G2 Capital Advisors is pleased to present its Industrials & Manufacturing industry update for Q3 2022, providing commentary and analysis on M&A and market trends within the Industrials & Manufacturing sectors.
A historic, $1.2T of funding has been approved to invest in aging infrastructure nationwide through the Infrastructure Investment and Jobs Act (“IIJA”), coupled with additional investment of $52B through the CHIPS Act and $700B through the Inflation Reduction Act. Construction services firms have been buoyed by the news of the injections, promising years of bumper backlogs and a reliable end customer in the U.S. government. Unfortunately, new investment can’t conjure up a much-needed base of skilled laborers, as the war for talent rages on. Only 80% of the 1MM construction workers who lost their jobs at the beginning of the pandemic have returned, in the face of an estimated 1MM additional workers required in the near term to keep up with high demand. Firms have been forced into bidding wars and are providing more clearly defined career trajectories to attract new workers. As the U.S. hovers over a recessionary state, pressure on wage growth should ease more broadly, but will likely remain an acute issue for the construction services industry as demand is supported by government policy. With spending under the infrastructure law expected to peak in 2027-28, the labor strain is set to become a longer term, structural issue.
The $700B Inflation Reduction Act includes a rejuvenated solar power incentive, increasing the existing tax rebate from 26% to 30% for a period of ten years through 2032. Originally scheduled to phase out between 2020 and 2023, the reboot will be partially financed by a 15% alternative minimum tax on some large U.S. corporations and a 1% excise tax on certain corporate share repurchases. The Biden administration aims to further increase investment and development of renewable energy alternatives, providing a significant boon to developers and investors. This backdrop of robust demand has allowed firms to pass inflationary pressures on to end customers, offsetting the impact on their businesses.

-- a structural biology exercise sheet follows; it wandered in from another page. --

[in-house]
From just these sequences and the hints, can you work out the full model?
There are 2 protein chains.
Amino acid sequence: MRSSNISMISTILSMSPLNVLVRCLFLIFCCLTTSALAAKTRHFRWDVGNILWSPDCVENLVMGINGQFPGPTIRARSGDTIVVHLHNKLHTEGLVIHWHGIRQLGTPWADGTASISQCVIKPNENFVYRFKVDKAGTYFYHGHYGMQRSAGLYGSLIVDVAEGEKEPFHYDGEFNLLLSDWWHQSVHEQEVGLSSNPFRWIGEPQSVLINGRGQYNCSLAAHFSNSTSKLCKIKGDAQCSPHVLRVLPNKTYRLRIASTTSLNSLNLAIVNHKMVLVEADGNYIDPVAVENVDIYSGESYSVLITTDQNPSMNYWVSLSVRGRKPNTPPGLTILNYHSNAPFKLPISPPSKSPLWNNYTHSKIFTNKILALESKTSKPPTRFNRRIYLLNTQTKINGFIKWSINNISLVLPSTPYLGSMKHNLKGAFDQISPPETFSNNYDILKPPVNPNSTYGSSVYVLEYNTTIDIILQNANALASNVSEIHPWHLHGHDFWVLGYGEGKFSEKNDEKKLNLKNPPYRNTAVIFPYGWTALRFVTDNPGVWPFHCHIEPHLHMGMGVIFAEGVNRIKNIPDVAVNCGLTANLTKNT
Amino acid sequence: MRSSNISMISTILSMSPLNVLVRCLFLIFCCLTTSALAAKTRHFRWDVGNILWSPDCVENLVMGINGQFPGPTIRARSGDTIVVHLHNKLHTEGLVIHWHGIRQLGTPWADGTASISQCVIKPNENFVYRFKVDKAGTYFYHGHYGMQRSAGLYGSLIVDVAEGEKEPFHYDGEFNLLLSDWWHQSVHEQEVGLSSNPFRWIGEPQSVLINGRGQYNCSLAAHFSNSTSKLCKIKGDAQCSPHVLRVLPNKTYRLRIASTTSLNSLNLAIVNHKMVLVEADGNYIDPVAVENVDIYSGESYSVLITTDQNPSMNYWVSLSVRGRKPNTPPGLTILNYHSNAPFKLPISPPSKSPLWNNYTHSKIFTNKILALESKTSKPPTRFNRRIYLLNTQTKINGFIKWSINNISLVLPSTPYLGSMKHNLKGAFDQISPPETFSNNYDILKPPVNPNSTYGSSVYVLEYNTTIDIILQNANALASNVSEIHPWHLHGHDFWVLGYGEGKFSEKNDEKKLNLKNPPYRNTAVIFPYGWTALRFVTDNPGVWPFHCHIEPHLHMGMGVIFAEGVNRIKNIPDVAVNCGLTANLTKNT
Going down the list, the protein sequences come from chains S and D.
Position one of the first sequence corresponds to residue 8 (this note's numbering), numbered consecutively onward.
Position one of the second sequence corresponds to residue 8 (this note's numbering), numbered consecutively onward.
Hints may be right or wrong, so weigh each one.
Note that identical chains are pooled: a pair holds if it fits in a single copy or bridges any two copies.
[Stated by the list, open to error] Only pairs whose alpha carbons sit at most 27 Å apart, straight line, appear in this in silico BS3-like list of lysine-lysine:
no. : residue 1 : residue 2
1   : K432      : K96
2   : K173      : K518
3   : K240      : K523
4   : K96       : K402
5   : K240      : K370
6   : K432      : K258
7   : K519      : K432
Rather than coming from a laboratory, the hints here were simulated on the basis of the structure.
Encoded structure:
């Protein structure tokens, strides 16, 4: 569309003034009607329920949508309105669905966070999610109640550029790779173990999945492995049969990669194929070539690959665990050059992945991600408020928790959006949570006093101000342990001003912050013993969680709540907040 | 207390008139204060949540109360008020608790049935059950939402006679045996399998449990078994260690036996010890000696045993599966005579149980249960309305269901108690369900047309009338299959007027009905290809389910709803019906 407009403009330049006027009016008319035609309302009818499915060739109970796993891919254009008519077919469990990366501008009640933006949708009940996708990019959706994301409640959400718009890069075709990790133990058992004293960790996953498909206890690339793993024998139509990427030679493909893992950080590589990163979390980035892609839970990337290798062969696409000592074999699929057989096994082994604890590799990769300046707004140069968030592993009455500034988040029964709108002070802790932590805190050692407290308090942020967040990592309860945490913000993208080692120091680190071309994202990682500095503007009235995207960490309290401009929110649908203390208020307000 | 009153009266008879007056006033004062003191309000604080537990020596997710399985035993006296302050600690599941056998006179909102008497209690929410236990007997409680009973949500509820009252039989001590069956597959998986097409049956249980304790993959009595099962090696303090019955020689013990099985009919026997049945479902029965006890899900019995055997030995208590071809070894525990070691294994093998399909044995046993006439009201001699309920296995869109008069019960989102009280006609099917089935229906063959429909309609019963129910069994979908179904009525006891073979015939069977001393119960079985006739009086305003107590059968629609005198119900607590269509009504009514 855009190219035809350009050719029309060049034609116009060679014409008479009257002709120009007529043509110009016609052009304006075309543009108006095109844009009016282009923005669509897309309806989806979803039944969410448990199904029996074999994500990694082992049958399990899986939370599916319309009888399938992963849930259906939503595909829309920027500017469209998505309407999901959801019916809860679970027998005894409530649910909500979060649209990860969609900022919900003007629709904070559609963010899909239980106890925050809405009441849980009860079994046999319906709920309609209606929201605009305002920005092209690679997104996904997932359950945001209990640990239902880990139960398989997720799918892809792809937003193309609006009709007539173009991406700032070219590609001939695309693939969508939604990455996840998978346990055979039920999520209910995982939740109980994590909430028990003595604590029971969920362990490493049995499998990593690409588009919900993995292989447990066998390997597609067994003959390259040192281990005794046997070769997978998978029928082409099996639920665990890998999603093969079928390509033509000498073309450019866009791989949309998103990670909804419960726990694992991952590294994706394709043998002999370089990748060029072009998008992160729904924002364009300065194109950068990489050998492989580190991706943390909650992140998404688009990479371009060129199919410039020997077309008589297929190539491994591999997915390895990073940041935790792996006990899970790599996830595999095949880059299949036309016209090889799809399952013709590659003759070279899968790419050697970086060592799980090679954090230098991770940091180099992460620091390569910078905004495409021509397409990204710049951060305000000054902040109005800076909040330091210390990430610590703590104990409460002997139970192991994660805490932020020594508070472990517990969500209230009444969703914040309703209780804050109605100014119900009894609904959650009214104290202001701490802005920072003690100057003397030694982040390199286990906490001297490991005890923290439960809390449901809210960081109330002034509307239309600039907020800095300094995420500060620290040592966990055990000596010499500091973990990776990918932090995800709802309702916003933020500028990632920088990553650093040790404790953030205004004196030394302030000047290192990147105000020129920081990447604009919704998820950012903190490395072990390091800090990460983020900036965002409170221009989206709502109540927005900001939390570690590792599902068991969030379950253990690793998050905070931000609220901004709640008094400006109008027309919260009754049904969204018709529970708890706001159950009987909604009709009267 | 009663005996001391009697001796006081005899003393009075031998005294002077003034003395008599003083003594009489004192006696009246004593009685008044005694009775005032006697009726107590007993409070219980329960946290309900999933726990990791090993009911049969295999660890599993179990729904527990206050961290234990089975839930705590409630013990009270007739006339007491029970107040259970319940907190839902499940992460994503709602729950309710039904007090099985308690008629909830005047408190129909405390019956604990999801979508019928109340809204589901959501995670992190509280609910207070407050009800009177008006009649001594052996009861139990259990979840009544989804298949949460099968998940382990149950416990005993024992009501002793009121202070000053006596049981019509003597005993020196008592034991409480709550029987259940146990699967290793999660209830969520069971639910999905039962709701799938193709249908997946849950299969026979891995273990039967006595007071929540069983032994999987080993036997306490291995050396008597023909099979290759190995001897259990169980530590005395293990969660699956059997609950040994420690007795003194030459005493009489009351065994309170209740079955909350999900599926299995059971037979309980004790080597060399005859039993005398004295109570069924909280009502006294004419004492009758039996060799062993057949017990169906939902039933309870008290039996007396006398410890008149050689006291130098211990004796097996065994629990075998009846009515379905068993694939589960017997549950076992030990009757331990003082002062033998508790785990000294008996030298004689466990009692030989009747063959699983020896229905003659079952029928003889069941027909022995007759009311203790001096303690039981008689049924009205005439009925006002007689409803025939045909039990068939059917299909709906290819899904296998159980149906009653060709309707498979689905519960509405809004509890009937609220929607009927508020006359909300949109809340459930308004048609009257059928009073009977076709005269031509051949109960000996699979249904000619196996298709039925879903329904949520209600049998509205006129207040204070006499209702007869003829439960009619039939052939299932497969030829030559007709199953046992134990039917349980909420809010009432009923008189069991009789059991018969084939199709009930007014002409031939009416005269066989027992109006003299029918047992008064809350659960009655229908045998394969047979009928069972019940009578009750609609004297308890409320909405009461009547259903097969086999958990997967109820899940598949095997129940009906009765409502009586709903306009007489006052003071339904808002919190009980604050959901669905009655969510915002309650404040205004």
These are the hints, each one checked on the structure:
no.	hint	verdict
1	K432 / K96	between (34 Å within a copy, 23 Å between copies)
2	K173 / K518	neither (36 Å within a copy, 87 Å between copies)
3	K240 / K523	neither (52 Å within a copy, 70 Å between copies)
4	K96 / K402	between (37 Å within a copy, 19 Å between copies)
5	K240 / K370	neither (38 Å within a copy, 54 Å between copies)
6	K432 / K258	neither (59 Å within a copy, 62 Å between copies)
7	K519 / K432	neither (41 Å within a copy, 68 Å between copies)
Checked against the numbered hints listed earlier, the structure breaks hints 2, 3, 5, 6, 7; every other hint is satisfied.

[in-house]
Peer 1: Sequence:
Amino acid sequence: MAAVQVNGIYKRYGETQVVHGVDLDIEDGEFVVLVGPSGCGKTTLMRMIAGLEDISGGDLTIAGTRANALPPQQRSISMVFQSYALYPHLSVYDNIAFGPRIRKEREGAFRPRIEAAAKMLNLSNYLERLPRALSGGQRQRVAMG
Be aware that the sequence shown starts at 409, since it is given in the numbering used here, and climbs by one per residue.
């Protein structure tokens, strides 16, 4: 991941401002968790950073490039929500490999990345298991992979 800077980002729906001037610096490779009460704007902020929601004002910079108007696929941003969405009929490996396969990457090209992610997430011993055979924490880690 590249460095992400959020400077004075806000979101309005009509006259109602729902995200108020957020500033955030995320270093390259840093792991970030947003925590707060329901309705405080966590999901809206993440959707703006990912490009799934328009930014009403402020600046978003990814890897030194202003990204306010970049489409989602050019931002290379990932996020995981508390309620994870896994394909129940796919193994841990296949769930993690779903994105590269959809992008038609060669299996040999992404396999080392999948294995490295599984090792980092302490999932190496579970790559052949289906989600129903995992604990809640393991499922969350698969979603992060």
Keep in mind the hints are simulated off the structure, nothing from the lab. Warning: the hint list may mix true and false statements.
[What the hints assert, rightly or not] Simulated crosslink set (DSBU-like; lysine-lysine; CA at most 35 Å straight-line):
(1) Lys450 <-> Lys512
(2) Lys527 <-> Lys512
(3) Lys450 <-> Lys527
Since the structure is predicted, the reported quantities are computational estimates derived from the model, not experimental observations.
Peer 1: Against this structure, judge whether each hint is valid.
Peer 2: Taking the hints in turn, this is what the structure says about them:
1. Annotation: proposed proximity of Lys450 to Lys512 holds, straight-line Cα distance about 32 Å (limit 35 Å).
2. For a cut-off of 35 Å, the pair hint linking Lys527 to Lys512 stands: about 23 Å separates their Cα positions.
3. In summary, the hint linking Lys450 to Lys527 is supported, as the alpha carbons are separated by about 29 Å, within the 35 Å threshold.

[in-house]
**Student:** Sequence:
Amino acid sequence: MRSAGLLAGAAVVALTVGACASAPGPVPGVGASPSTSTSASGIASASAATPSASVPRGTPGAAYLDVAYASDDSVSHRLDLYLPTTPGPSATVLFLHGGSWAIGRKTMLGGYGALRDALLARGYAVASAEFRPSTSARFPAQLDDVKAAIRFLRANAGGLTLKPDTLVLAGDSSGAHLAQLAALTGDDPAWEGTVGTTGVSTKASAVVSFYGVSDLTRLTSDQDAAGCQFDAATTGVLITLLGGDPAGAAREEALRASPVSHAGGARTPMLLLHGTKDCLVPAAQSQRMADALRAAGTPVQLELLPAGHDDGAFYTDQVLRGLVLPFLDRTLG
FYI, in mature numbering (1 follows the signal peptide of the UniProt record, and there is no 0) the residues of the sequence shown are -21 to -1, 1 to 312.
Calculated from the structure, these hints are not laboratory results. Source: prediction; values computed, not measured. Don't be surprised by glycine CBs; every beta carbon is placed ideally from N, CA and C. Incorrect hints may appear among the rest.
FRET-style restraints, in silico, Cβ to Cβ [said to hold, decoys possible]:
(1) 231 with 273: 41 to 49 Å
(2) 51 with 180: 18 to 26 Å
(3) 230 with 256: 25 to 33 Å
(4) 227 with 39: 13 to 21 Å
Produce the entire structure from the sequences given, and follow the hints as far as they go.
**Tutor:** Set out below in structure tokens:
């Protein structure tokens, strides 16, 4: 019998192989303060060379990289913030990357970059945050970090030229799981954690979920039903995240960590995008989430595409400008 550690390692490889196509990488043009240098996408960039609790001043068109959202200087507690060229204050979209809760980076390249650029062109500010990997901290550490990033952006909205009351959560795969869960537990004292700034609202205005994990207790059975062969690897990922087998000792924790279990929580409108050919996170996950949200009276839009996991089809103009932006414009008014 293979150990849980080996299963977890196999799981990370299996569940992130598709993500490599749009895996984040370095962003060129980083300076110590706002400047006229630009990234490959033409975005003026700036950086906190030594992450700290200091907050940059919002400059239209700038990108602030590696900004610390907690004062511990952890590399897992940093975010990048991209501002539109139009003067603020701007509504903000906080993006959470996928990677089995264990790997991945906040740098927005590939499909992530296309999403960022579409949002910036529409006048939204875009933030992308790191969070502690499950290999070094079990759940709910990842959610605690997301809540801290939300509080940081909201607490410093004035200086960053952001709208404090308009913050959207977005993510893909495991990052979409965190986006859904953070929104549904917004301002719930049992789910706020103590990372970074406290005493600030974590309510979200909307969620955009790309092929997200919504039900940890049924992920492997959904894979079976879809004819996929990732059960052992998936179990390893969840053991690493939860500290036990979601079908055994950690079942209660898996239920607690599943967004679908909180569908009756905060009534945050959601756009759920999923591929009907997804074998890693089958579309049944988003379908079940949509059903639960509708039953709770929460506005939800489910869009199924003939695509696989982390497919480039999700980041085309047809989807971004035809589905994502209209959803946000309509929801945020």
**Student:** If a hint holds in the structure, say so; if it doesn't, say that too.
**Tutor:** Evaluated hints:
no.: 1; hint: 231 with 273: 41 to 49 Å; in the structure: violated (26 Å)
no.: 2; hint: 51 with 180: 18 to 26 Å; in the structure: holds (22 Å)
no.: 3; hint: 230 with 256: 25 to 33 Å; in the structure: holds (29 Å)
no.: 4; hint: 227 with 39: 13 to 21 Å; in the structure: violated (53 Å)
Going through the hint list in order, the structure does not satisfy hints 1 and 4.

While demand for the construction services and renewable energies sectors will remain robust, supported by extraordinary government funding, industry players will need to combat persistent labor shortages likely to endure through a forecasted recession.
Cyberattacks: A potent reminder of technological vulnerabilities in the age of automation.
High profile cyberattacks are a potent reminder of growing technological vulnerabilities as manufacturers implement higher levels of automation. Adoption of “Industry 4.0” technology infrastructure is increasing the attack surface to include legacy systems not designed to defend against today’s sophisticated cyber criminal or rogue nation. Ransomware can trigger financial losses, but disruption to production and supply chains can cause harm beyond the initial shake-down. Breaches such as the Colonial Pipeline and SolarWinds attacks grab headlines and underscore the need to defend operations and silo production networks from companies’ external facing business networks. In response, manufacturers should audit not only their existing cyber defenses, but also the resiliency of their operations in the event of a cyber attack.
Cybersecurity plays a vital role in M&A strategy and execution. Firms considering a transaction should understand risks present in the form of data leaks, ransomware, and opportunities for malicious actors to use a transaction as a way to break into an acquiring company. According to IBM, more than half of companies wait until due diligence is completed to perform cybersecurity assessments. Considerations surrounding data privacy regulations, mandatory disclosure laws, and the risk of business interruption should be a priority for sellers and acquirors from the early stages of the transaction process.